ΚΕΠ ΔΗΜΟΥ ΙΕΡΑΠΕΤΡΑΣ
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3ο ΔΗΜΟΤΙΚΟ ΣΧΟΛΕΙΟ ΙΕΡΑΠΕΤΡΑΣ
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The Museum consists of audiovisual content and interactive applications. In particular, LCD screens that display information about Ierapetra, the wider region, the trails, paths etc, exhibitions of holograms that reproduce digital copies of archaeological and other findings and an interactive table that contains digital applications and educational games.
Particularly impressive is the Central 3D projection which shows stereoscopic documentaries devoted to three topics: MINOAN and ANCIENT HISTORICAL PERIOD, BYZANTINE PERIOD, NEWER PERIOD, NATURAL ENVIRONMENT.
The Cathedral of St. Georgios, patron saint of Ierapetra, is three-aisled, with a hemispherical dome based on a high drum. Morphologically, it follows the rhythm of Orthodox churches built under the Turkish rule, and it is characterized by construction elements of the Ottoman architecture. It was built in 1856, according to a founding inscription preserved on the lintel of the south side of the church by a craftsman named Hatzimanolis, who was most likely Carpathian. However, on a map of the region of 1640, a church already appeared in its current position.
All the elements of the superstructure of the church (arches, domes, roof, and central dome) are constructed on a load-bearing wooden frame covered with wood sticks (called bagdouti) coated with mortars of the church. This is a similar construction to that of the newer church of St. Titus in Heraklion.
The southern doorframe has a deep relief lintel between marble half-columns with Ionic column capitals, while the northern is a classic one with a pediment top.
The sides of the church are highlighted by corner pilasters with jewelry-shaped stone carvings. Underneath the stone projecting cornice of the church, there are decorative jewelry-shaped stone carvings between the upper windows. The saddleback roof is covered with roof tiles, while the dome is covered with lead. The external stone walls of the church are also interesting.
St. Georgios is the patron saint and protector of Ierapetra, celebrated with great devotion and faith by its people. There are moving stories of St. Georgios being strongly felt, and of the hoofs of his horse clearly heard, while crossing the narrow streets of the old town as an apparition in the past. During Turkish occupation he protected the people from the whims of the Turks with miraculous interventions, and many of the Turks revered and honored him.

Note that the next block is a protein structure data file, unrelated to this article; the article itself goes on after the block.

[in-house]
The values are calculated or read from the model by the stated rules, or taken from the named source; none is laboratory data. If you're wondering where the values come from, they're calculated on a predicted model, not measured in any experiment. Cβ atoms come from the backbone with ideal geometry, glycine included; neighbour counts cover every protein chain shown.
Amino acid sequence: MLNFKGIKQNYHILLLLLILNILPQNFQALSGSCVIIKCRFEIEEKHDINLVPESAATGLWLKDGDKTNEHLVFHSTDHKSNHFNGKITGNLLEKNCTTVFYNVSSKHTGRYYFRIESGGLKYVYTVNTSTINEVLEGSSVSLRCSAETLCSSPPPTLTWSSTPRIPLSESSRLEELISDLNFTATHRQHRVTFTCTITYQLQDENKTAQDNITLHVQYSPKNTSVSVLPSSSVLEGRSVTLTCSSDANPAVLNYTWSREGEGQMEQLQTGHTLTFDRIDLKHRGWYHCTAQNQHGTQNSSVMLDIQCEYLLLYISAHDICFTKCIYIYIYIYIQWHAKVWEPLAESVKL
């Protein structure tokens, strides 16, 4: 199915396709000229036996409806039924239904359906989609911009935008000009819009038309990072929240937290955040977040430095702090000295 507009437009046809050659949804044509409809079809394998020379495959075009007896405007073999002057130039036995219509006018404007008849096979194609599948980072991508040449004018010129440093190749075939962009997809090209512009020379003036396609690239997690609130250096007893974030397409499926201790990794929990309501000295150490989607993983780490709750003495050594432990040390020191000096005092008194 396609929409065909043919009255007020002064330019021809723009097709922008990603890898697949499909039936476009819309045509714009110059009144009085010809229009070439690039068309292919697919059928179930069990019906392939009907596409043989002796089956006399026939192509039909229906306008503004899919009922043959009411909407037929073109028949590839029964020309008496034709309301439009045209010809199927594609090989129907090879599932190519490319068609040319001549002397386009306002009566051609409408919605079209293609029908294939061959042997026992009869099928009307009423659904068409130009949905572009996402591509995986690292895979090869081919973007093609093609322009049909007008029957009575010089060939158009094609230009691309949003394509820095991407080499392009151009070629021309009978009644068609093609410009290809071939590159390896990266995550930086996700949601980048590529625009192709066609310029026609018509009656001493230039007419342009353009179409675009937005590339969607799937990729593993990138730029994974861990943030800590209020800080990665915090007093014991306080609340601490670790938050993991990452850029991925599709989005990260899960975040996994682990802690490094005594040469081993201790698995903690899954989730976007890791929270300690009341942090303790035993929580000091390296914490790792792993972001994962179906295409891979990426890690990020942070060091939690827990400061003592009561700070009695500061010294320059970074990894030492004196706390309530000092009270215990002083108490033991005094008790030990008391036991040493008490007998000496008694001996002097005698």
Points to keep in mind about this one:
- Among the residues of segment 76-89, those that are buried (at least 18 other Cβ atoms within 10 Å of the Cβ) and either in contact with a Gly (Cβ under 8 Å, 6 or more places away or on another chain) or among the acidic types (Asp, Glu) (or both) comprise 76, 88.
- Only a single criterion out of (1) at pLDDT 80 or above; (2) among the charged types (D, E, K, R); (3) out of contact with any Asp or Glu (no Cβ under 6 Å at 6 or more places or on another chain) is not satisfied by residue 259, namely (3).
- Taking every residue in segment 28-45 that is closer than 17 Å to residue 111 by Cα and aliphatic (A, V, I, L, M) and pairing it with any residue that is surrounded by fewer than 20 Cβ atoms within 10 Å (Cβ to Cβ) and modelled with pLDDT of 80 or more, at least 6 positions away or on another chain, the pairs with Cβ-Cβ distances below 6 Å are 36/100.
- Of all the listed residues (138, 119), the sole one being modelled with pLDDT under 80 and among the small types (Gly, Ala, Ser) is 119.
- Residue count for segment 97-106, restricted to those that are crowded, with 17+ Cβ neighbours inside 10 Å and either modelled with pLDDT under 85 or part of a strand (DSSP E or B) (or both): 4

The church received its current form in 2000, with the completion of its restoration.
One might think that the red sea or tropical waters are the only places worth diving in the world, yet the Mediterranean sea gathers so many diverse and rich scenes of underwater landscapes and marine life that it offers the lucky spectator an extraordinary feeling of flying in weightless environment with all the colourful marine life around him.
The coastal waters of Crete are probably the most clean of the Mediterranean.
Visibility reaches up to 40m during summer months and water temperature up to 28.C. The three main habitats of Crete’s coastal waters are: rocky (with extraordinary caverns, gorges and caves), eelgrass beds (Posidonia) and sandy underwater beaches.
Crete is an ideal place to learn diving due to the perfect underwater conditions. Its micro life is very rich and the mediterranean species of fish various.
The presence of antiquities make it an unforgettable destination. The greek diving law has evolved recently to let people explore more dive sites. In our area (southeast Crete), all along the coast there are many dive sites with access from the shore (Peristeras, Psaropoula, Kakki Skala, Agia Fotia island, Achlia...).
There are still many underwater places yet unexplored...
For more information, please contact us directly.
Scuba Dream Diving Centre
Peristeras, Ierapetra 72200
Tel: +30 6944 142292
Facebook: Scuba Dream Diving Centre
The present Metropolis of Ierapetra and Siteia with its seat in the city of Ierapetra occupies the southern and eastern part of the county of Lasithi and includes the former provinces of Ierapetra and Siteia as well as the communities of Kalo Chorio of Merambellou and Kato (Lower) Symi of Viannos. The Metropolis originated from the union of the Diocese of Ierapetra, which is one of the oldest dioceses of Crete with its bishop already participating in the Synod of Sardica in AD 343, and the Diocese of Siteia which was founded already from the 7th or 8th centuries. The Diocese of Ierapetra included the provinces of Merambellou, Lasithi, and Viannos. However, with the creation of the Diocese of Petra which appears already in the 10th century, the Diocese of Ierapetra was named Ieras while a part of its district was detached to be incorporated into that of Petra. The Dioceses of Ierapetra and Siteia were consolidated in the 19th century, initially with the name Ierositeia, while from 1962, they are known as the Metropolis of Ierapetra and Siteia. In the middle Byzantine period, the cathedral church of Ierapetra was the church of the All-Holy Virgin of the Seven Domes, in the settlement of Episkopi, while it seems that the church of the All-Holy Virgin in Apano (Upper) Episkopi and the church of the Holy Apostles in Kato (Lower) Episkopi were used alternately as the cathedral churches of the Diocese of Siteia.